Population growth, climate change and demand for greater food and energy supplies are squeezing global water supplies, according to a new U.N. report.
Water problems are often worst in developing countries, where water availability and prosperity are closely linked, says the report produced by 24 U.N. agencies and scheduled for official release tomorrow.
The report warns that mismanagement of water supplies has created problems that are "enormous ... but not insurmountable" -- if major policy shifts are made.
"Water is linked to the crises of climate change, energy and food supplies and prices, and troubled financial markets," the report says. "Unless their links with water are addressed and water crises around the world are resolved, these other crises may intensify and local water crises may worsen, converging into a global water crisis and leading to political insecurity and conflict at various levels."
A major factor affecting water availability is a surging global population, which the United Nations says could swell from 6.7 billion in 2008 to 9 billion by 2050.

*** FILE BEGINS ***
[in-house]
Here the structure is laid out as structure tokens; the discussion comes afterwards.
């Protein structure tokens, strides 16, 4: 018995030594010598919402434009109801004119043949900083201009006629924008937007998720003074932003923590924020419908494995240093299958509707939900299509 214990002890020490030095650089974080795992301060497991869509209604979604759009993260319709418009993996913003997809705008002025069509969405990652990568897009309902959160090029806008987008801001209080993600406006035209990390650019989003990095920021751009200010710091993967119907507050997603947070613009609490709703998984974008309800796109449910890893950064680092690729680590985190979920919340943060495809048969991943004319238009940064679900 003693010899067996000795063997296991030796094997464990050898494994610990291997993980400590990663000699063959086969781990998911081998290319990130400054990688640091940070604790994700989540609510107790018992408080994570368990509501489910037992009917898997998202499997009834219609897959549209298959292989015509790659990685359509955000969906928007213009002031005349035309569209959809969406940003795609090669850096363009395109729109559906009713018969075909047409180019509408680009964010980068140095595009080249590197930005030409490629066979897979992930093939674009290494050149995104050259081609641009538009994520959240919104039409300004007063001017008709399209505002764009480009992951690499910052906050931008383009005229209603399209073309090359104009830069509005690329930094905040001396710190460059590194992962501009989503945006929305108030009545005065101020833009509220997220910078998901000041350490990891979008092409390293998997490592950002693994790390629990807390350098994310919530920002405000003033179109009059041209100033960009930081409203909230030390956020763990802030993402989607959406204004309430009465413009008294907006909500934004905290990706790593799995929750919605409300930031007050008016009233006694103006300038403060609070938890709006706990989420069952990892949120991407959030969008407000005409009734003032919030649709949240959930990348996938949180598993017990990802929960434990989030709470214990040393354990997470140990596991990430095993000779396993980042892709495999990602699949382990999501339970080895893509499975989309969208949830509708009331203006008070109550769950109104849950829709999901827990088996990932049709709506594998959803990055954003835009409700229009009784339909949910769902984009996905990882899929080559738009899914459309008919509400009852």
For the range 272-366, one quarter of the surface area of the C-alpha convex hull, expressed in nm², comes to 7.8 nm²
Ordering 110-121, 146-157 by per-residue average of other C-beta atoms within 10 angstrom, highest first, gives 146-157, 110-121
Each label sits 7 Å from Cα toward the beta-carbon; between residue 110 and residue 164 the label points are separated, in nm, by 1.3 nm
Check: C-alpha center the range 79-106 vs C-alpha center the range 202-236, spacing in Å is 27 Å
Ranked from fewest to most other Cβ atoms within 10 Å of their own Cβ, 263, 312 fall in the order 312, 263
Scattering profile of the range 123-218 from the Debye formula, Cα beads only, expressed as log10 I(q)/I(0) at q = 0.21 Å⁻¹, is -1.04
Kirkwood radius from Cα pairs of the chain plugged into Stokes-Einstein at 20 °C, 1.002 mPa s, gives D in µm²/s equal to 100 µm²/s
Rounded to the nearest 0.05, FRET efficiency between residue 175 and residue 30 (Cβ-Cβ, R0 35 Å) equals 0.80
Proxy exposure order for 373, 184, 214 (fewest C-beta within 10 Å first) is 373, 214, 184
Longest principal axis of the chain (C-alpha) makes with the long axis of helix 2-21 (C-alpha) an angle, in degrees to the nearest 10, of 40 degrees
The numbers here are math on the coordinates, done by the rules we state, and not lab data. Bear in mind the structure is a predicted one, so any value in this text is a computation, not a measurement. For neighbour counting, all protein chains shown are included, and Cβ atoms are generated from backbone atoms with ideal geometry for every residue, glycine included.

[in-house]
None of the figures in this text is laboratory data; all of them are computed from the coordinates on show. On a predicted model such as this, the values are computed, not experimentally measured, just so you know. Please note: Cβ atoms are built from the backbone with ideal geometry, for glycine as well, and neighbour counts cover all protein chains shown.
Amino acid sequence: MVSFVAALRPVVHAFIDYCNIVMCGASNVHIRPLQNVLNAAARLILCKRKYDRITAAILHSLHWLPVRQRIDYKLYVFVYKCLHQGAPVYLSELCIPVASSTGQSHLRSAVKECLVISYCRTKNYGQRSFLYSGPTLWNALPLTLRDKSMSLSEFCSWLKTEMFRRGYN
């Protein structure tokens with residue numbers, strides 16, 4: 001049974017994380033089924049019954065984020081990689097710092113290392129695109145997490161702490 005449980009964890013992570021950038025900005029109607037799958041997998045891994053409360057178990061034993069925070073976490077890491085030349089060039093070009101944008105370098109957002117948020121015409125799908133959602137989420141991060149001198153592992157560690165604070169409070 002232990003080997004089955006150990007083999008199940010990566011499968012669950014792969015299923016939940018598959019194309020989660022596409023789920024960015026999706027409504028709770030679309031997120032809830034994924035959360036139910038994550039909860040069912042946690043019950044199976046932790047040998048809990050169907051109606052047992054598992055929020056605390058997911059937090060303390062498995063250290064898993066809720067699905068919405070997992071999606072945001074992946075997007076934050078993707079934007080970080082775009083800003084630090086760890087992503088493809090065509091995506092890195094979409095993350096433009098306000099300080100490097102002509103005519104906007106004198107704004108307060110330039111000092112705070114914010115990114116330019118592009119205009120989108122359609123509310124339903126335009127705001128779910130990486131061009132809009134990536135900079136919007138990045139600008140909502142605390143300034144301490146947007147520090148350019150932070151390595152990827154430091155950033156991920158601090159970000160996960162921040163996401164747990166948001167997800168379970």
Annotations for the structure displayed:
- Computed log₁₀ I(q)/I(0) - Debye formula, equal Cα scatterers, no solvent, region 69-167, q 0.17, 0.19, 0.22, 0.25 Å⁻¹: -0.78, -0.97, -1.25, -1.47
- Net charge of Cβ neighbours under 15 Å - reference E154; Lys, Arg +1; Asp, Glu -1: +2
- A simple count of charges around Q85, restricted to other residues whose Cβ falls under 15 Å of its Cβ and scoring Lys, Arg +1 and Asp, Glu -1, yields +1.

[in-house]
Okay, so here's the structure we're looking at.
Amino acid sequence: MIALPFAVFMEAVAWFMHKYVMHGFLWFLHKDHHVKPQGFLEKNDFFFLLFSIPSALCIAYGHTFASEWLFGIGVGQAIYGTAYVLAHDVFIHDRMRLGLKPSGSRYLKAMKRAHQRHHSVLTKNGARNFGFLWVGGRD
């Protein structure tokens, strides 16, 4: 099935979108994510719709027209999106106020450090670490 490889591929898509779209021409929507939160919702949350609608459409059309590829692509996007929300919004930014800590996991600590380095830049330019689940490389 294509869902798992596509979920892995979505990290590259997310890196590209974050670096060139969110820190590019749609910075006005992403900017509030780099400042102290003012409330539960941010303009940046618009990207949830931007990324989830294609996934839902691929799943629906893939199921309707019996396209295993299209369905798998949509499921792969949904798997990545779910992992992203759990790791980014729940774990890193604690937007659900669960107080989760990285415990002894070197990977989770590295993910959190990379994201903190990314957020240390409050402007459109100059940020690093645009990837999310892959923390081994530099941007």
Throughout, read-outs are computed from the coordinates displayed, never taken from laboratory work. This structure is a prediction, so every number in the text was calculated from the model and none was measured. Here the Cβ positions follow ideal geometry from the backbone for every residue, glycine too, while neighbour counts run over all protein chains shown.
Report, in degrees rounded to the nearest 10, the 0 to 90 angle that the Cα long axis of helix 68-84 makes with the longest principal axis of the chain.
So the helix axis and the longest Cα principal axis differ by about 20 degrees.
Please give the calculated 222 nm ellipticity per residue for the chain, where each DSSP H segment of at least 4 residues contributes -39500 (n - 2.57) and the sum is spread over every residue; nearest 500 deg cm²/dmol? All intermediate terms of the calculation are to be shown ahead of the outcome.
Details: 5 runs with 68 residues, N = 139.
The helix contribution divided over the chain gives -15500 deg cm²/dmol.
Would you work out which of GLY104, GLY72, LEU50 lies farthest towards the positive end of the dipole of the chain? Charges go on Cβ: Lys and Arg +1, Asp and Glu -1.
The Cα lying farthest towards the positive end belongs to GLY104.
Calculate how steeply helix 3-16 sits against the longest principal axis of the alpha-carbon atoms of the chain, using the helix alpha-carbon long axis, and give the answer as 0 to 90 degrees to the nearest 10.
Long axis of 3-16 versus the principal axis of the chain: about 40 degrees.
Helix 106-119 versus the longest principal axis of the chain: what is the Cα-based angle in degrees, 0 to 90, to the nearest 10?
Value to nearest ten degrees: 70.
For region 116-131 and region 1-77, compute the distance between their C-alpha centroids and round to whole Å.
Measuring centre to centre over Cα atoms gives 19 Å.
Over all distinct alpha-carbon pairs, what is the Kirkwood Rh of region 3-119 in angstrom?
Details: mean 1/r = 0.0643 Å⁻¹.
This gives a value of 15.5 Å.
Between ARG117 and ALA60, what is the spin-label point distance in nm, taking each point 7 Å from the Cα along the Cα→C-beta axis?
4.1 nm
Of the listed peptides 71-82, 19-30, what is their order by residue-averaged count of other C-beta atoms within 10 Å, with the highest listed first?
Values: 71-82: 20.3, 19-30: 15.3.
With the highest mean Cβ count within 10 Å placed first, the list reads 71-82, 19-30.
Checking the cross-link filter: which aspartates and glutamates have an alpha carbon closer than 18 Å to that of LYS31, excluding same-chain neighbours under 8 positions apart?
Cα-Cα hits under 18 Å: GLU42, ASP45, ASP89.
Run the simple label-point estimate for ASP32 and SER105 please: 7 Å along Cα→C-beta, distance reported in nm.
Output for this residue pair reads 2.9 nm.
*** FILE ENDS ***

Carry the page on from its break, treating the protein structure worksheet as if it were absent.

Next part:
And more and more of those people are living in urban areas, with much of that shift occuring in the poorest countries. That forces governments to rely on rivers and aquifers polluted by growing human settlements.
"Coping with a future without reliable water resource systems is now a real prospect in parts of the world," the report warns.
Another looming crisis: climate change.
Rising temperatures are shrinking snowpacks and glaciers, creating a potential crisis for more than 15 percent of the world's population that depends on snow and ice melt for its main water supply.
Climate change also has the potential to change patterns of drought and flooding. The report says, "In many places, climate-related water events have become more frequent and extreme."
And warmer water temperatures are likely to increase the frequency of algal blooms and the prevalence of toxic cyanobacteria and to reduce the diversity of species, the report adds.
The report, "Water in a Changing World," is the United Nations' third on freshwater. It is being released in advance of the World Water Forum, which begins Monday in Istanbul, Turkey.